The first step is to have your hearing tested by an audiologist, who will then explain the results to you and offer recommendations. If your hearing isn’t surgically or medically correctable, then hearing aids will be recommended. We’ll go over your needs, lifestyle, noise situations, and answer all your questions so you will feel comfortable with the choice.
2. Some of my friends have them and say they don’t work. How will I know mine
will? We take into account what the area of biggest concern about your hearing is, and then work from there. We will program the aids so they sound good to you, but also explain that you’ll hear things differently than you did before. We’ll make every effort to make sure you’re hearing well and comfortably. However, some people do have problems with hearing aids and can’t wear them. In those instances, we’ll try an alternative solution.
3. Hearing aids are expensive. Will my insurance cover it?
While some plans do have partial coverage for hearing aids, most do not. If you are concerned about the cost, we can discuss different plans or payment options to help you.
4. What happens after I decide to get hearing aids?
The fitting is scheduled, and we will then go over everything you never knew you needed to know about hearing aids! We’ll program the aids to your hearing loss, show you how to change batteries, adjust volume if needed, and counsel you on what to expect and how to get the most out of your investment.
5. My voice sounds really weird. Will this go away?
Yes, everybody who gets hearing aids for the first time notices this. It’s called “occlusion” and you’re hearing your voice differently because there is now something in your ears. This typically goes away after a couple of weeks, and if not, we can adjust for that in the programming software.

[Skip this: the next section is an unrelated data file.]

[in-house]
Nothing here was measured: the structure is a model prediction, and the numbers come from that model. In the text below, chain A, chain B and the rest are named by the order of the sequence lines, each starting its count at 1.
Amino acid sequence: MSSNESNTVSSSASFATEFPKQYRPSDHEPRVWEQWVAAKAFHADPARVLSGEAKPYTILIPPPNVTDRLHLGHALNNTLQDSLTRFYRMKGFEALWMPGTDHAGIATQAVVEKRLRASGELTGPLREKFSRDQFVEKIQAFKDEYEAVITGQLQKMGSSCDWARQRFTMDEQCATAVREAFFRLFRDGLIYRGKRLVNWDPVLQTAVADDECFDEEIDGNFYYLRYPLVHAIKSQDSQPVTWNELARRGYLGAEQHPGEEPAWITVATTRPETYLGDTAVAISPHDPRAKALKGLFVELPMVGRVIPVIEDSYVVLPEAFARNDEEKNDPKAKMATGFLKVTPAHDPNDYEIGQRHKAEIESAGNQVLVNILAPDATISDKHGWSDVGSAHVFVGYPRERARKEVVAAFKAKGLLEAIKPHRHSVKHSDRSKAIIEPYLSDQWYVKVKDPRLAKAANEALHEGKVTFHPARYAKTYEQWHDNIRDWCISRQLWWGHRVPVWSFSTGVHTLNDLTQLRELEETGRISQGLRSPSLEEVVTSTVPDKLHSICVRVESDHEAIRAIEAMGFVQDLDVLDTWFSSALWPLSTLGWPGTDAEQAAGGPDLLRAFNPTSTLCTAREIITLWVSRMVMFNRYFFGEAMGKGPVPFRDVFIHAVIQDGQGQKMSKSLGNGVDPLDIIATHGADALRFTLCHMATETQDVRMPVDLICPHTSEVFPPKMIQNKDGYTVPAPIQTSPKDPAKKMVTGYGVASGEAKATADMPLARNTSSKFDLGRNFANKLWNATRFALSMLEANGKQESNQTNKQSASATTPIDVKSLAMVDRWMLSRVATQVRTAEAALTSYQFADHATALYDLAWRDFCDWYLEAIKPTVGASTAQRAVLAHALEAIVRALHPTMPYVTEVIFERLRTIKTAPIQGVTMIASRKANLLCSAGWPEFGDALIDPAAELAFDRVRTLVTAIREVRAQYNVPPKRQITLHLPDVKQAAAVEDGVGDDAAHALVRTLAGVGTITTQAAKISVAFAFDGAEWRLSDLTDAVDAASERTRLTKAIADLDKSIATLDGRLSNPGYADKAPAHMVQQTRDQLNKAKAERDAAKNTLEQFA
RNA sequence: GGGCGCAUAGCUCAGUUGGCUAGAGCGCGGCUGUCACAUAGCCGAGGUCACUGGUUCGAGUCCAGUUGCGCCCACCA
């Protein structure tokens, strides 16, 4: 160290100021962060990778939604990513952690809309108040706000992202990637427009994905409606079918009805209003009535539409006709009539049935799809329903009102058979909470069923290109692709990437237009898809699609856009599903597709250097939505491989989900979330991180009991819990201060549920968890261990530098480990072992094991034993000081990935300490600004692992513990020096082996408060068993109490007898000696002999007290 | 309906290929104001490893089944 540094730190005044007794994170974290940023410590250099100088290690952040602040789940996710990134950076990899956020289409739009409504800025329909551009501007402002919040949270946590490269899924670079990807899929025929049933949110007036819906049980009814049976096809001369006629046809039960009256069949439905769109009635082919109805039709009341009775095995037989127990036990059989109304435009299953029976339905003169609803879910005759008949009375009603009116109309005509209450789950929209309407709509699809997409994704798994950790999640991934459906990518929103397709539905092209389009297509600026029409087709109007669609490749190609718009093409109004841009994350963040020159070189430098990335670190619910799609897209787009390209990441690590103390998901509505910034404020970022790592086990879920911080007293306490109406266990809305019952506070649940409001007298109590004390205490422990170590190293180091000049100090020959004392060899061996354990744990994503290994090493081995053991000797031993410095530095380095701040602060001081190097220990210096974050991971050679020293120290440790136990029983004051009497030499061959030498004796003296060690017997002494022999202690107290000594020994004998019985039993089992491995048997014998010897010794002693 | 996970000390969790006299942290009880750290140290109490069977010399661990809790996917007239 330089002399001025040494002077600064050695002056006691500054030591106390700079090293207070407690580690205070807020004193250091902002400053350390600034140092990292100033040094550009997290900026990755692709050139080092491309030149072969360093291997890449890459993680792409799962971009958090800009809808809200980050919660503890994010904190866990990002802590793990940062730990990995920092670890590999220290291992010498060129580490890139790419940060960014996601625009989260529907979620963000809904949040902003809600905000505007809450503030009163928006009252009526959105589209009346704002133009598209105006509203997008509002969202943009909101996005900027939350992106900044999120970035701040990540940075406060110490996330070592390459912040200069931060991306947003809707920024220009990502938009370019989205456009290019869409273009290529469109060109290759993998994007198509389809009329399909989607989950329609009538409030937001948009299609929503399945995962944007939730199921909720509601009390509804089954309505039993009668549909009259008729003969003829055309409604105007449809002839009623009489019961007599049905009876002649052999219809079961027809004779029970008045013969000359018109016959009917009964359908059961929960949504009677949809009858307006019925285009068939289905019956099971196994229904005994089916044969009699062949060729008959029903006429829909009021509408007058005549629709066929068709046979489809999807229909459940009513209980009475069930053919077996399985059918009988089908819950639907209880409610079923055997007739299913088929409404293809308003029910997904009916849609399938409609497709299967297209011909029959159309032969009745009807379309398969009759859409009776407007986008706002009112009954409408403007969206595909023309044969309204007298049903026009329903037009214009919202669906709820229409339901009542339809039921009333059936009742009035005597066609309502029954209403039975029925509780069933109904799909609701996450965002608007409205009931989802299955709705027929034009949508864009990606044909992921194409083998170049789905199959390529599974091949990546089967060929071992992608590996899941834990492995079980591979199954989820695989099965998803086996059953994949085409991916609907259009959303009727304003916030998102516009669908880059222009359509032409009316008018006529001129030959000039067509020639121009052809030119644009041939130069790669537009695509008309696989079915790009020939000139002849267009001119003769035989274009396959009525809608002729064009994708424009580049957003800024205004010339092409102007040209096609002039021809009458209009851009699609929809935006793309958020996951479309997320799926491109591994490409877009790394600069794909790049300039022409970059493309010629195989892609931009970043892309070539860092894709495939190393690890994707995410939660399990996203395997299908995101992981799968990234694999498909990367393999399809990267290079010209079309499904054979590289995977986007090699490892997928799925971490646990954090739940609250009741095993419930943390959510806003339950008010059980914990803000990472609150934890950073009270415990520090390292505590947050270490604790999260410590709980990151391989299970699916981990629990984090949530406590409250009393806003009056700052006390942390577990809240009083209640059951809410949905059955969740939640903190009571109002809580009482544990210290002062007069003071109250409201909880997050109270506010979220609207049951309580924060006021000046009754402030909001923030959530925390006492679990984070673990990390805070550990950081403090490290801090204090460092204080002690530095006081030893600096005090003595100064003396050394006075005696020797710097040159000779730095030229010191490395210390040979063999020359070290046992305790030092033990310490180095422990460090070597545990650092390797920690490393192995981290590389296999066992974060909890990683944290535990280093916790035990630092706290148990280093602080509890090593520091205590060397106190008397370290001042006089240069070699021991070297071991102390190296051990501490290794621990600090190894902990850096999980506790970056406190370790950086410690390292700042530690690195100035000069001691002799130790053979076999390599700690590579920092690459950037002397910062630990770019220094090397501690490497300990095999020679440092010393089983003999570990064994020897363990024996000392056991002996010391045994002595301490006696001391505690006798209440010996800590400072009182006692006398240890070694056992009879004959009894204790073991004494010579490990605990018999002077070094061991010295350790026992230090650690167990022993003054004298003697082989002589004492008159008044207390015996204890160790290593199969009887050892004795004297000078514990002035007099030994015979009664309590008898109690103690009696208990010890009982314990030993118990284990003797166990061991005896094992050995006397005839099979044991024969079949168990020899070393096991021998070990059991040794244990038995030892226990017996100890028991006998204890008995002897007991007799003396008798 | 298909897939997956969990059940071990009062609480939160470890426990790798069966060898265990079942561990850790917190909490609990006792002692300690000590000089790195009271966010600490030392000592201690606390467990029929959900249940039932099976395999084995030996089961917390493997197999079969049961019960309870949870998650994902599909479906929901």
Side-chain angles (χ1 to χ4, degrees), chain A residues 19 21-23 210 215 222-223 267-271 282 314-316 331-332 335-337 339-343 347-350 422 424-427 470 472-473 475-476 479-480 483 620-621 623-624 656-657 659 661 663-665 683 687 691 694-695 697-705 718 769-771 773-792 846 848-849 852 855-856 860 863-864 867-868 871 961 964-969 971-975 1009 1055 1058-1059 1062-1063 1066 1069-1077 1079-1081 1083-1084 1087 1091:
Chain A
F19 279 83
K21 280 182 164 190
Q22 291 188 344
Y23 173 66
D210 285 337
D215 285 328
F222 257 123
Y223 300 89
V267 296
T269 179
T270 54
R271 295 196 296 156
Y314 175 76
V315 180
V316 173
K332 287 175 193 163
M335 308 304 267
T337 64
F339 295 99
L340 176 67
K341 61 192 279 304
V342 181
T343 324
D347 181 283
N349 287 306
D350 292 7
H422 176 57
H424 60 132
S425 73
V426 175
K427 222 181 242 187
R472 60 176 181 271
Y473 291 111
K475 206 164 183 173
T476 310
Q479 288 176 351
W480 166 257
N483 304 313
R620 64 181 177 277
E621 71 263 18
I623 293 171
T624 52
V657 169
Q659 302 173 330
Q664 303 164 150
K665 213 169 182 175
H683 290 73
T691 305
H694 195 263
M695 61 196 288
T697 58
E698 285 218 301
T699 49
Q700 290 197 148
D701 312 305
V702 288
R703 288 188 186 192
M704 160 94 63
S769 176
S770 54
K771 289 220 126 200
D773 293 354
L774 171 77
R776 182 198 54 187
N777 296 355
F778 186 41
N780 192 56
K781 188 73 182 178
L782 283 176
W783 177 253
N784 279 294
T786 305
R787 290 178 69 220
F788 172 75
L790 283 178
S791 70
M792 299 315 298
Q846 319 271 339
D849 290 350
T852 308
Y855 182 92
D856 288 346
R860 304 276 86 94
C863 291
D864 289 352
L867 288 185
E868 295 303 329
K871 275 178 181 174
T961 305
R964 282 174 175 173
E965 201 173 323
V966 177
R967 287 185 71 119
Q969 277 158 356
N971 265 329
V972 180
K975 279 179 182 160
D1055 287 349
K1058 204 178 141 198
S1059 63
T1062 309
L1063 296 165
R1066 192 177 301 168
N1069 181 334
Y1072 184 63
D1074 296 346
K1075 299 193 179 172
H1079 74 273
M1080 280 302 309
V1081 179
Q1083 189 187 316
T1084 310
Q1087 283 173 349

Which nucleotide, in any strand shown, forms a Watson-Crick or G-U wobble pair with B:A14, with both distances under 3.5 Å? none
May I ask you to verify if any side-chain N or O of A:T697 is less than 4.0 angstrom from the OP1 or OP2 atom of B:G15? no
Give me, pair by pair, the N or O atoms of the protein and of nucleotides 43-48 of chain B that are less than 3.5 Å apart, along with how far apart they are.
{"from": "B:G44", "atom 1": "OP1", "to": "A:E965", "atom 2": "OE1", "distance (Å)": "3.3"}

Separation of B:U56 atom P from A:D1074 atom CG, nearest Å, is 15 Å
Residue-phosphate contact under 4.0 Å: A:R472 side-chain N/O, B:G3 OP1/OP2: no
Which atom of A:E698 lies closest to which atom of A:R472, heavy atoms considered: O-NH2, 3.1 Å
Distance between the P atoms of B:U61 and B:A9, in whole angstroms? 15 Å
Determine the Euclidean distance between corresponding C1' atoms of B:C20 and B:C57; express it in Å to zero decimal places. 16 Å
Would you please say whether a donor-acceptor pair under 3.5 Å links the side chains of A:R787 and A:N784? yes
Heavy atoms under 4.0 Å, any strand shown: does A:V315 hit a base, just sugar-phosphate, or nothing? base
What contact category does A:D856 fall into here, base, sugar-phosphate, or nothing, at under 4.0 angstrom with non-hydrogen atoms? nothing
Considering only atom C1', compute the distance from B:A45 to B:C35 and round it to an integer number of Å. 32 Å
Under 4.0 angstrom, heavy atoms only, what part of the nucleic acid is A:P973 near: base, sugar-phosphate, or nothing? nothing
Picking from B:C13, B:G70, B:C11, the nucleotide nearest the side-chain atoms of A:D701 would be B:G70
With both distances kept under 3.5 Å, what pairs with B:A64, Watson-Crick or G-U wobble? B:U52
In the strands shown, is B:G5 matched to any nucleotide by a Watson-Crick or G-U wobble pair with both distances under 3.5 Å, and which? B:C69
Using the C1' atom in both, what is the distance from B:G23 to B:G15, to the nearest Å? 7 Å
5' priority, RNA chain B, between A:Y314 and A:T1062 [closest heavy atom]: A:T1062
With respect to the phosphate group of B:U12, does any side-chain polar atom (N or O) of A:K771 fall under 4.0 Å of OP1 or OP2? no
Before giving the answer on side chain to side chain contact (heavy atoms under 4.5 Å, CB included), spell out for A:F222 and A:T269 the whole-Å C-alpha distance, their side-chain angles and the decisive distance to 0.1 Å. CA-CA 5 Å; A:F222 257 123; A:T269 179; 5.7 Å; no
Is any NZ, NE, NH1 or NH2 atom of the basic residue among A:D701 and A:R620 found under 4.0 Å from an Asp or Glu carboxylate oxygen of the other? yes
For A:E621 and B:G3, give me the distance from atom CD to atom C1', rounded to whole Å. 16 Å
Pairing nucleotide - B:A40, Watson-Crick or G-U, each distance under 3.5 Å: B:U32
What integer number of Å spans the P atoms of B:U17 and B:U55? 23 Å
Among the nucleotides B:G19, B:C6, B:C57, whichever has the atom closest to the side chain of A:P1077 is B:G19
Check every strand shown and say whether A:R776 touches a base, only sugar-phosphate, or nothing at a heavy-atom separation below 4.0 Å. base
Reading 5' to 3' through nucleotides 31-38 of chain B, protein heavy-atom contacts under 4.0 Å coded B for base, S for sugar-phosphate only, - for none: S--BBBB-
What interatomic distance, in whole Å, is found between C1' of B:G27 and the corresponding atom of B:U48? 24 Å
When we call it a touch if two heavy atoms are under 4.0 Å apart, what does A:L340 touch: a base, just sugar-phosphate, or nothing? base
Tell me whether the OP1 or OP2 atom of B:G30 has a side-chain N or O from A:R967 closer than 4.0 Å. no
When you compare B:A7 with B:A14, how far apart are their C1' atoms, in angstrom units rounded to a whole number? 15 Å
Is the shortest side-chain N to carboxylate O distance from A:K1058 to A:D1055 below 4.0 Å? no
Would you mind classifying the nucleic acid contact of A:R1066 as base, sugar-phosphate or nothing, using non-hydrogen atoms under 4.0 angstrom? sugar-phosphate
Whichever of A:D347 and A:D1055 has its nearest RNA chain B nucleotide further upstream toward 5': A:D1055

6. Why does everything sound so tinny?
When you have a hearing loss in the high frequencies, which is where most people do, the brain perceives these amplified sounds as sharp or tinny. This area is critical for speech clarity and understanding, so we want that sound to be there. However, if it’s too much, we can also adjust for this in the fitting software so it sounds more comfortable. We’ll then add it back once the brain adapts.
7. How often do I have to change batteries?
Batteries need to be changed every 7-14 days, depending on the size of the battery and how much you wear the aids. The hearing aid will give you an audible signal when it’s time to change. If batteries concern you due to eyesight, finger dexterity, or you don’t want to do that, we now have rechargeable batteries, which typically last 24 hours or so on a single charge.
8. How long will my hearing aids last?
With care and regular appointments (every 6 months) for maintenance, they can last 5-7 years, or even longer. I’ve had people bring their aids in that were over 20 years old, and still working! (They weren’t right for their hearing loss now, but that’s another blog)
9. Do I really need 2 hearing aids?
The brain needs sound and stimulation from both sides of the head to hear well in quiet and noise, to separate the speech from the noise, and to tell distance and location of sounds - birds, cars, kids, sirens, etc. We’ll always recommend 2 hearing aids if you have hearing loss in both ears.
10. Do batteries expire?
Yes, batteries have a 4 year shelf life. If you purchase batteries from us, you’ll have fresh batteries. If you purchase over the counter batteries, check the expiration date on the back of the card. It should be 3-4 years out from the current year. ** Fun Fact** - do you know how to tell if a battery is good or not? Drop it on the table - a good battery lands and doesn’t move, and a bad battery bounces. Try it - it’s pretty fun!
11. Can I sleep, shower and mow the lawn with my hearing aids?
Please don’t. They could come off while you sleep and be lost in the sheets, they’re water resistant but not waterproof, and if you mow you need to wear hearing protection, not amplification!
12. Do I have to tell my friend and co-workers now that I have hearing aids?
We would encourage you not to hide your hearing loss or hearing aids. Chances are, they already know you don’t hear well, and by wearing hearing aids, it shows that you’re taking care of your health. This could also encourage someone who was hesitant about it to give it a try themselves!